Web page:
The Magic Mixture for Happiness

In an ironic style, the playwright makes a carnival of diverse characters who all suffer from the lack of happiness. Every characters appears with its own specific monologue/experience, yet the same character re-emerges again later adding new layers to its tragedy and responding to the issues of the other characters. Almost in a bleak way, every character tries to live with its own lifelessness. In a society where everything seems to be fake, the human existence is void of humanness and of any hope in the future. Hope becomes a sarcastic bleak song delivered during the play. The magical mixture for happiness seems to be the mixture of those characters, who can only be happy by forcing it or faking it. It is a play that highlights the tragic situation of most of young Egyptians who cannot find a future to aspire to, nor hope. The depression of a potential driving force in Egypt, puts an end to the state-diffused illusion that everything here is perfect!

Plastic Dream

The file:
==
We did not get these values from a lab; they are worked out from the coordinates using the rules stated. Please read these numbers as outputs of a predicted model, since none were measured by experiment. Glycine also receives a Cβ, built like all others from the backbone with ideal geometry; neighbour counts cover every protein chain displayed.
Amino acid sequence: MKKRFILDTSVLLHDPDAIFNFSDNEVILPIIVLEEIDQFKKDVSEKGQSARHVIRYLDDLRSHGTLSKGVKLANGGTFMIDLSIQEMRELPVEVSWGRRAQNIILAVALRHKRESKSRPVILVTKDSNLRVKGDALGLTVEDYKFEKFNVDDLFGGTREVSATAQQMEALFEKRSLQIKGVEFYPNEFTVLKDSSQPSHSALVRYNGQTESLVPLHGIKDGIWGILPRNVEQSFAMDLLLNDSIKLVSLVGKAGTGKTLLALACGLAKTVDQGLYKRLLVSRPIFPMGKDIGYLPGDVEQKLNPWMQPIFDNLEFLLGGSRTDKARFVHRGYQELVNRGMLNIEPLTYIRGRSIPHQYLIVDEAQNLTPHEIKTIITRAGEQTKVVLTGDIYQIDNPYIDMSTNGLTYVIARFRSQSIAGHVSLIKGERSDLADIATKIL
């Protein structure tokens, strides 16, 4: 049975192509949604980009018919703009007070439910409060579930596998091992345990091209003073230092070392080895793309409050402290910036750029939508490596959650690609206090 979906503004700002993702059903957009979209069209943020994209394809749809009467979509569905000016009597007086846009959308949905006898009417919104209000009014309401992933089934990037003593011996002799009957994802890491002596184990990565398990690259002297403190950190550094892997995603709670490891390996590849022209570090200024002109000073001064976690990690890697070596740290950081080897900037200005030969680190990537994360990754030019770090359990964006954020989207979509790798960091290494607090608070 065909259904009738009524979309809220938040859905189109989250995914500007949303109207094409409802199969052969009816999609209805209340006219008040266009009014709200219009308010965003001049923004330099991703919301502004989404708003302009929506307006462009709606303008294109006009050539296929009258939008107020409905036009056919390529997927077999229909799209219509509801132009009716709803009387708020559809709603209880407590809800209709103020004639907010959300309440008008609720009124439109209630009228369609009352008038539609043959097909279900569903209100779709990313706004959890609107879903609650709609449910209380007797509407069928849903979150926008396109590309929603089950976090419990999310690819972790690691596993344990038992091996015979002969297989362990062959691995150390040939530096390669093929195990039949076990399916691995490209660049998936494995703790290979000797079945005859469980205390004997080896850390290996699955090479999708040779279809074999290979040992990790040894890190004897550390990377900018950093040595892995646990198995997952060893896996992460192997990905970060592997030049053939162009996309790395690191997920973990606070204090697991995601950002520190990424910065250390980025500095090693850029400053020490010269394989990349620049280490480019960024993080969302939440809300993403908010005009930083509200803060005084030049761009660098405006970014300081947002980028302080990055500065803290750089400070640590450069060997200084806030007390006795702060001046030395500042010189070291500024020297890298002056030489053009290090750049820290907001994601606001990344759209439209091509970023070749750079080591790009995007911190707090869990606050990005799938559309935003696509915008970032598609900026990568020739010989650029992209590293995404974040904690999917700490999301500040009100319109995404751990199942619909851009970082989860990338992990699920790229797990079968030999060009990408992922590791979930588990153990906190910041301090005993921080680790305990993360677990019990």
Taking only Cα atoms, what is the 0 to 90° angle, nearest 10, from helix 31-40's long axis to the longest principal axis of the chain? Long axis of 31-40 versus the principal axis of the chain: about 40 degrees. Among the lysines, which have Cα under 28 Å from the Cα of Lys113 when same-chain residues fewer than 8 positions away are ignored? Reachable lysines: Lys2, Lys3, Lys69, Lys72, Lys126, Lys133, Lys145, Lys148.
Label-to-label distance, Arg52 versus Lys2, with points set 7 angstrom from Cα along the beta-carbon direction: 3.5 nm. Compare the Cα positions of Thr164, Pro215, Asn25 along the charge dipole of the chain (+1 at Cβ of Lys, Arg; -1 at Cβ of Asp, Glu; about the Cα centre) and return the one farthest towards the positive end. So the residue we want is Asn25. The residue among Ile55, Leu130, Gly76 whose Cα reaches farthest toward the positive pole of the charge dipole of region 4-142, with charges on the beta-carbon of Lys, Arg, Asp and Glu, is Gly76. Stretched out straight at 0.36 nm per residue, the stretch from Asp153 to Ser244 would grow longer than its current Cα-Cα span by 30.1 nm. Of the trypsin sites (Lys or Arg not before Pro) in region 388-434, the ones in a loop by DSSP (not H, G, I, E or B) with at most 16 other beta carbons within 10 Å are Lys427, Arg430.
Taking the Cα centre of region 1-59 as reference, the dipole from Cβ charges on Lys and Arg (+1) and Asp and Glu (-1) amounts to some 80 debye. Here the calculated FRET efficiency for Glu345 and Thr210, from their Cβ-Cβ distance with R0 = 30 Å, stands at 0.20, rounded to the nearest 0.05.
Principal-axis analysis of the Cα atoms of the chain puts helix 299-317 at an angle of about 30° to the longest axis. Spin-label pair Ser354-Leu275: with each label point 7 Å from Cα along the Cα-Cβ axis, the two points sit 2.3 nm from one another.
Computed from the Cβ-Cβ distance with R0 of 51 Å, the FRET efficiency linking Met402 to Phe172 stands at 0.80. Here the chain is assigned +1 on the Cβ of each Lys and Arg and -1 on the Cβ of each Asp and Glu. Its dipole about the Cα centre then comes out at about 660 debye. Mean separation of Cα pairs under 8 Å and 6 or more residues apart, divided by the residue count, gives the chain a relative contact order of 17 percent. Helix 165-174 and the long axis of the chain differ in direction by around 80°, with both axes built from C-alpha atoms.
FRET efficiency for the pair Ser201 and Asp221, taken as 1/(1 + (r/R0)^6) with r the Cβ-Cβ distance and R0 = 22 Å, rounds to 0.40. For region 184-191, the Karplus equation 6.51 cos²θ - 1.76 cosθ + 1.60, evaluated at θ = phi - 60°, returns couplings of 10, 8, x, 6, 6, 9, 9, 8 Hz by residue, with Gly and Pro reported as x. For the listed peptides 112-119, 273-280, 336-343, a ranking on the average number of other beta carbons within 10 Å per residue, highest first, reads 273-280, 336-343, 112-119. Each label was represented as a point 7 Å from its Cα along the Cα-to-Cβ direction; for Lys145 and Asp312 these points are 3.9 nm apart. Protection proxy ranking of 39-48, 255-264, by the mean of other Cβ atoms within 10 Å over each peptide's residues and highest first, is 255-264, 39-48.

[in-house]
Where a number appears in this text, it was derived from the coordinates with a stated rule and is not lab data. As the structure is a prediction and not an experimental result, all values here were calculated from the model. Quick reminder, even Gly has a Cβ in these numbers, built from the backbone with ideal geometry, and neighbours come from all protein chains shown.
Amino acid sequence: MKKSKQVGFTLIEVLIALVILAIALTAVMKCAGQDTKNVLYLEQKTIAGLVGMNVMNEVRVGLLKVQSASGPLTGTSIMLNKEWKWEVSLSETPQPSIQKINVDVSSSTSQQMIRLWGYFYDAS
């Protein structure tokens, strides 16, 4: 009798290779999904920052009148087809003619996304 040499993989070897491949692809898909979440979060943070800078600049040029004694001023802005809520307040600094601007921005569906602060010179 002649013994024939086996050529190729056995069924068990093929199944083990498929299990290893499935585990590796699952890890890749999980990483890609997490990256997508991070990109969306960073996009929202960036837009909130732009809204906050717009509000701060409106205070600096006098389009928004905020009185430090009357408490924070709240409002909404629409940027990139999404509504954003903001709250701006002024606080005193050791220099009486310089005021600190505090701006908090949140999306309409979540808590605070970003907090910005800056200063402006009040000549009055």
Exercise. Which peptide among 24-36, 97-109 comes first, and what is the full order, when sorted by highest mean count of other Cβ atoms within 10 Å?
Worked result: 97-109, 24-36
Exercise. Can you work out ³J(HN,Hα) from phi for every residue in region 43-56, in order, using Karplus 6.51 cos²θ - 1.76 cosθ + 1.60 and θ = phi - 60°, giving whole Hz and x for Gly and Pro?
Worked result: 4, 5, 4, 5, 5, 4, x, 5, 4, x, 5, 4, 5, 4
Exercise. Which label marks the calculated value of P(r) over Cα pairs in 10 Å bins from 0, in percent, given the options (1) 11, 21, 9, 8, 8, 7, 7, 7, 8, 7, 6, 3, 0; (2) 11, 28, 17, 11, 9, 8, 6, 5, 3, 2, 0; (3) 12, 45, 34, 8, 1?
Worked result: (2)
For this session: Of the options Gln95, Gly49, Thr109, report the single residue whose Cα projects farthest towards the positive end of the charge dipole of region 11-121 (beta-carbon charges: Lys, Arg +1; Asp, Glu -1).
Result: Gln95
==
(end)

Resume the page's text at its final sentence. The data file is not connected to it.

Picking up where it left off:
The play is among a very limited number of Egyptian plays that dealt with the revolution of 2011 and its repercussions in a critical way. “Plastic Dream” starts by revealing the labels and illusions related to the exoticisation of Egypt. First seen by the exoticising western tourist, then seen by the eyes of its own citizens, Cairo seems like a fairy tale where all the opposites meet. A place where dreams are killed, a square where revolution can be made, a society where everything can be bought with money, and a reality show where visiting Tahrir square has become a touristic fashion. It’s 2013, the Muslim Brotherhood have won the presidential and the parliamentary elections. The young generation is divided between the frustrated dream of freedom and dignity, and the promise of paradise if they join terrorist acts. The dream of a better tomorrow has no place to go now, except being stuck in the shores of illegal migration. The revolution has been labelled as a “spring”, and the quest for personal freedom, privacy and dignity has come to nothing. A black satire where migration could seem like a valid way out. Nonetheless a question remains unanswered: does the Egyptian migrant see the reality of the western society he/she aspires to live in? or are we all recycling mutual illusions and labels?..